BRIEF DESCRIPTION OF THE DRAWING Other objects, features and advantages of the inven= tion, its organization, construction and operation will best be understood from the following detailed description taken in conjunction with the accompanying drawings, on which:
FIG. 1 is a schematic circuit diagram of a circuit arrangement for exposure measuring devices constructed in accordance with the principles of the present invention; and
FIG. 2 is a variation of a portion of the circuit illustrated in FIG. ll.
DESCRIPTION OF THE PREFERRED EMBODIMENT A circuit branch consisting of a photo diode l and a switch 2 connected in series therewith is connected at both ends to ground in the circuit arrangement according to FIG. 1. The switch 2 is operated to the closed condition shortly before or at the beginning of a light measurement. The junction between the photo diode 1 and the switch 2 is connected to the control electrode of a field effect transistor 4 and to a capacitor 3 which functions as a load. A loop consisting of a transistor 5, a resistor 6, a diode 7 and a resistor 8 represent the load for the field effect transistor 4 and is connected in the output circuit thereof. This load circuit for the field effect transistor 4 forms a current source which guarantees that a sufficiently large power resistance is realized for the field effect transistor in spite of the small voltage drop.
The field effect transistor 4 operates into an emitter follower stage including a transistor 9 having a resistor 10 connected between its emitter and one pole of a direct current source 311. Usually, an amplifier with a high-pass characteristic, referenced 40, is connected to and fed by the emitter follower stage.
The amplifier 40 comprises an operational amplifier 11 having an inverting input 12, a non-inverting input 13, voltage supply inputs 14 and 15 and an output 16. The operational amplifier ll is coupled to the emitter follower transistor 9 by way of a capacitor 18. A feedback resistor ll7 is connected from the output 16 of the operational amplifier 11 to the inverting input 12 and is connected in parallel with a switch 19. Furthermore, a diode 20 is connected between the output 16 and the non-inverting input 13 of the operational amplifier 111, the non-inverting input 13 being further connected to ground by way of a resistor 21. A resistor 23 is connected to the output 16 and functions as the load resistance for the operational amplifier.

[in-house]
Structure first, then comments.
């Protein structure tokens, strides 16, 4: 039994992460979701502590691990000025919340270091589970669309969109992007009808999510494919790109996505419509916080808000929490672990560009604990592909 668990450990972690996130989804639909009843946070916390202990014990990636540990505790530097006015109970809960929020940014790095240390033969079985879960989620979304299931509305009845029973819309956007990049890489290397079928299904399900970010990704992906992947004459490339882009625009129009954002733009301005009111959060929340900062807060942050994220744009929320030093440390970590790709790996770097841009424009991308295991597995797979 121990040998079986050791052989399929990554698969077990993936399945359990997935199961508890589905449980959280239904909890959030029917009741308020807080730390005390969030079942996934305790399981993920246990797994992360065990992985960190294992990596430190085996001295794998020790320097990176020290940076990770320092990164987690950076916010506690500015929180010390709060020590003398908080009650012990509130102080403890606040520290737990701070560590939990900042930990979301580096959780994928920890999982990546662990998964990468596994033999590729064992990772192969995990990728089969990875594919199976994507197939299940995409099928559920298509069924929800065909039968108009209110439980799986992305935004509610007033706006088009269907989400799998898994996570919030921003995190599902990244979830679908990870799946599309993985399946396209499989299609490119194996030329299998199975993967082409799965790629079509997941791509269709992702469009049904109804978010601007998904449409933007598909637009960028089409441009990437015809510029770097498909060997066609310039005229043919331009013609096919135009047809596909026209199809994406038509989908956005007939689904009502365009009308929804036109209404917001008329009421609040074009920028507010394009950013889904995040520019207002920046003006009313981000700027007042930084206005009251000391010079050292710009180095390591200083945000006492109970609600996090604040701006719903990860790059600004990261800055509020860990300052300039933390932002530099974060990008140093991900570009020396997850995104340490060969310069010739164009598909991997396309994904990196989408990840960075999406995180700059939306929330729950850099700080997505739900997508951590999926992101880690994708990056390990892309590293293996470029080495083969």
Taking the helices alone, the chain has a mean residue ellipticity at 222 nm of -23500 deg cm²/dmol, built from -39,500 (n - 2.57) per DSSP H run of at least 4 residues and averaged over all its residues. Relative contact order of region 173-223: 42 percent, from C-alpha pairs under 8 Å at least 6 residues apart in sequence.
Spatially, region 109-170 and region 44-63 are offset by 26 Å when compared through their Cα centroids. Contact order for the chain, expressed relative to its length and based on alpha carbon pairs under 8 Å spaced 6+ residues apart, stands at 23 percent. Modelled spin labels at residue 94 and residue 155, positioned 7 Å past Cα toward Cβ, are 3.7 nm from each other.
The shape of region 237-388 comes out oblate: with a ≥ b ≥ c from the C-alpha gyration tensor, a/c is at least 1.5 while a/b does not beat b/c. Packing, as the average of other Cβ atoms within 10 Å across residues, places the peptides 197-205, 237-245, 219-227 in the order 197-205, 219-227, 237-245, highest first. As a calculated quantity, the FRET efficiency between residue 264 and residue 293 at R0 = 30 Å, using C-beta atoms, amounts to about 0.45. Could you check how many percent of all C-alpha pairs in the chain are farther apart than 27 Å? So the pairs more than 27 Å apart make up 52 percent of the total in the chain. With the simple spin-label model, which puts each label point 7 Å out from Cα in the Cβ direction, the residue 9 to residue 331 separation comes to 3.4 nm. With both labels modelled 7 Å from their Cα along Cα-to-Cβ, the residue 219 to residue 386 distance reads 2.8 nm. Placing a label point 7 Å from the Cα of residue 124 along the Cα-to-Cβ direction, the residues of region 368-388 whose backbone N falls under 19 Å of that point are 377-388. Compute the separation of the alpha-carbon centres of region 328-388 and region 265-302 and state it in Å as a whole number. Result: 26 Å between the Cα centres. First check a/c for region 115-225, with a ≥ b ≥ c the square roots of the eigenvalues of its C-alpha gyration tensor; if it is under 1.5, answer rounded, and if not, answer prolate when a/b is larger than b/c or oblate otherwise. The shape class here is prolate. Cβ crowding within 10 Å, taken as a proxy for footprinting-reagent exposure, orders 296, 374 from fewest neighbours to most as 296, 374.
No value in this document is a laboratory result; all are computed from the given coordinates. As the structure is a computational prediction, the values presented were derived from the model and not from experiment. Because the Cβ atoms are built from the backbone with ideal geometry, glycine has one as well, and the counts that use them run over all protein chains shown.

The amplifier 40 operates into a transistor stage including a transistor 24 having a transistor 25 connected in the collector circuit and a resistor 26 connected in the emitter circuit. The output of this transistor stage is provided by way of the terminal 27 for the entire circuit to which the capacitor 3 is also connected.
The current supply for the circuit arrangement is effected by means of a battery 31 and a switch 30 having serially connected resistors 28 and 29 connected in parallel therewith, the junction point of the resistors being connected to ground to provide for symmetry of the operational voltage.
According to the invention, the aforedescribed circuit operates as follows. The photo diode 1 is constantly illuminated and is therefore illuminated before the trigger (not shown) is pressed. If the trigger is pressed the switch 30 will close to connect the supply battery to the above described amplifiers. At this time the switch 19 is also closed. A few milliseconds later, after the capacitors 3 and 18 have been charged to their steady state value, the switches 2 and 19 will open. Since the switch 2 is also closed shortly before or at the beginning of the measurement, the current supply by the photo diode 1 will charge the capacitor 3. Simultaneously, the voltage connected at the connection point of the photo diode l and the switch 2 will be amplified by the field effect transistor 4 and forwarded toward the capacitor 18 at the inverted input 12 of the operational amplifier 11 by way of the emitter follower transistor 9. The capacitor 18, together with the feedback resistor 17 of the operational amplifier 11, will form a high-pass filter whose boundary frequency is inversely proportional to the longest exposure time provided for in the particular construction. The emitter follower transistor 9 represents an impedance adapting stage and provides that the capacitor 18, after the operational voltage has been switched on, is charged within a very short period of time by way of the switch 30.
The output voltage of the operational amplifier 11, which is provided at the load resistor 23, will be connected to the opposite terminal of the capacitor 3. For this reason, a virtual capacitance value, which is equal to the product of the real value of this capacitor and the amplification factor of the amplifier will result for this capacitor.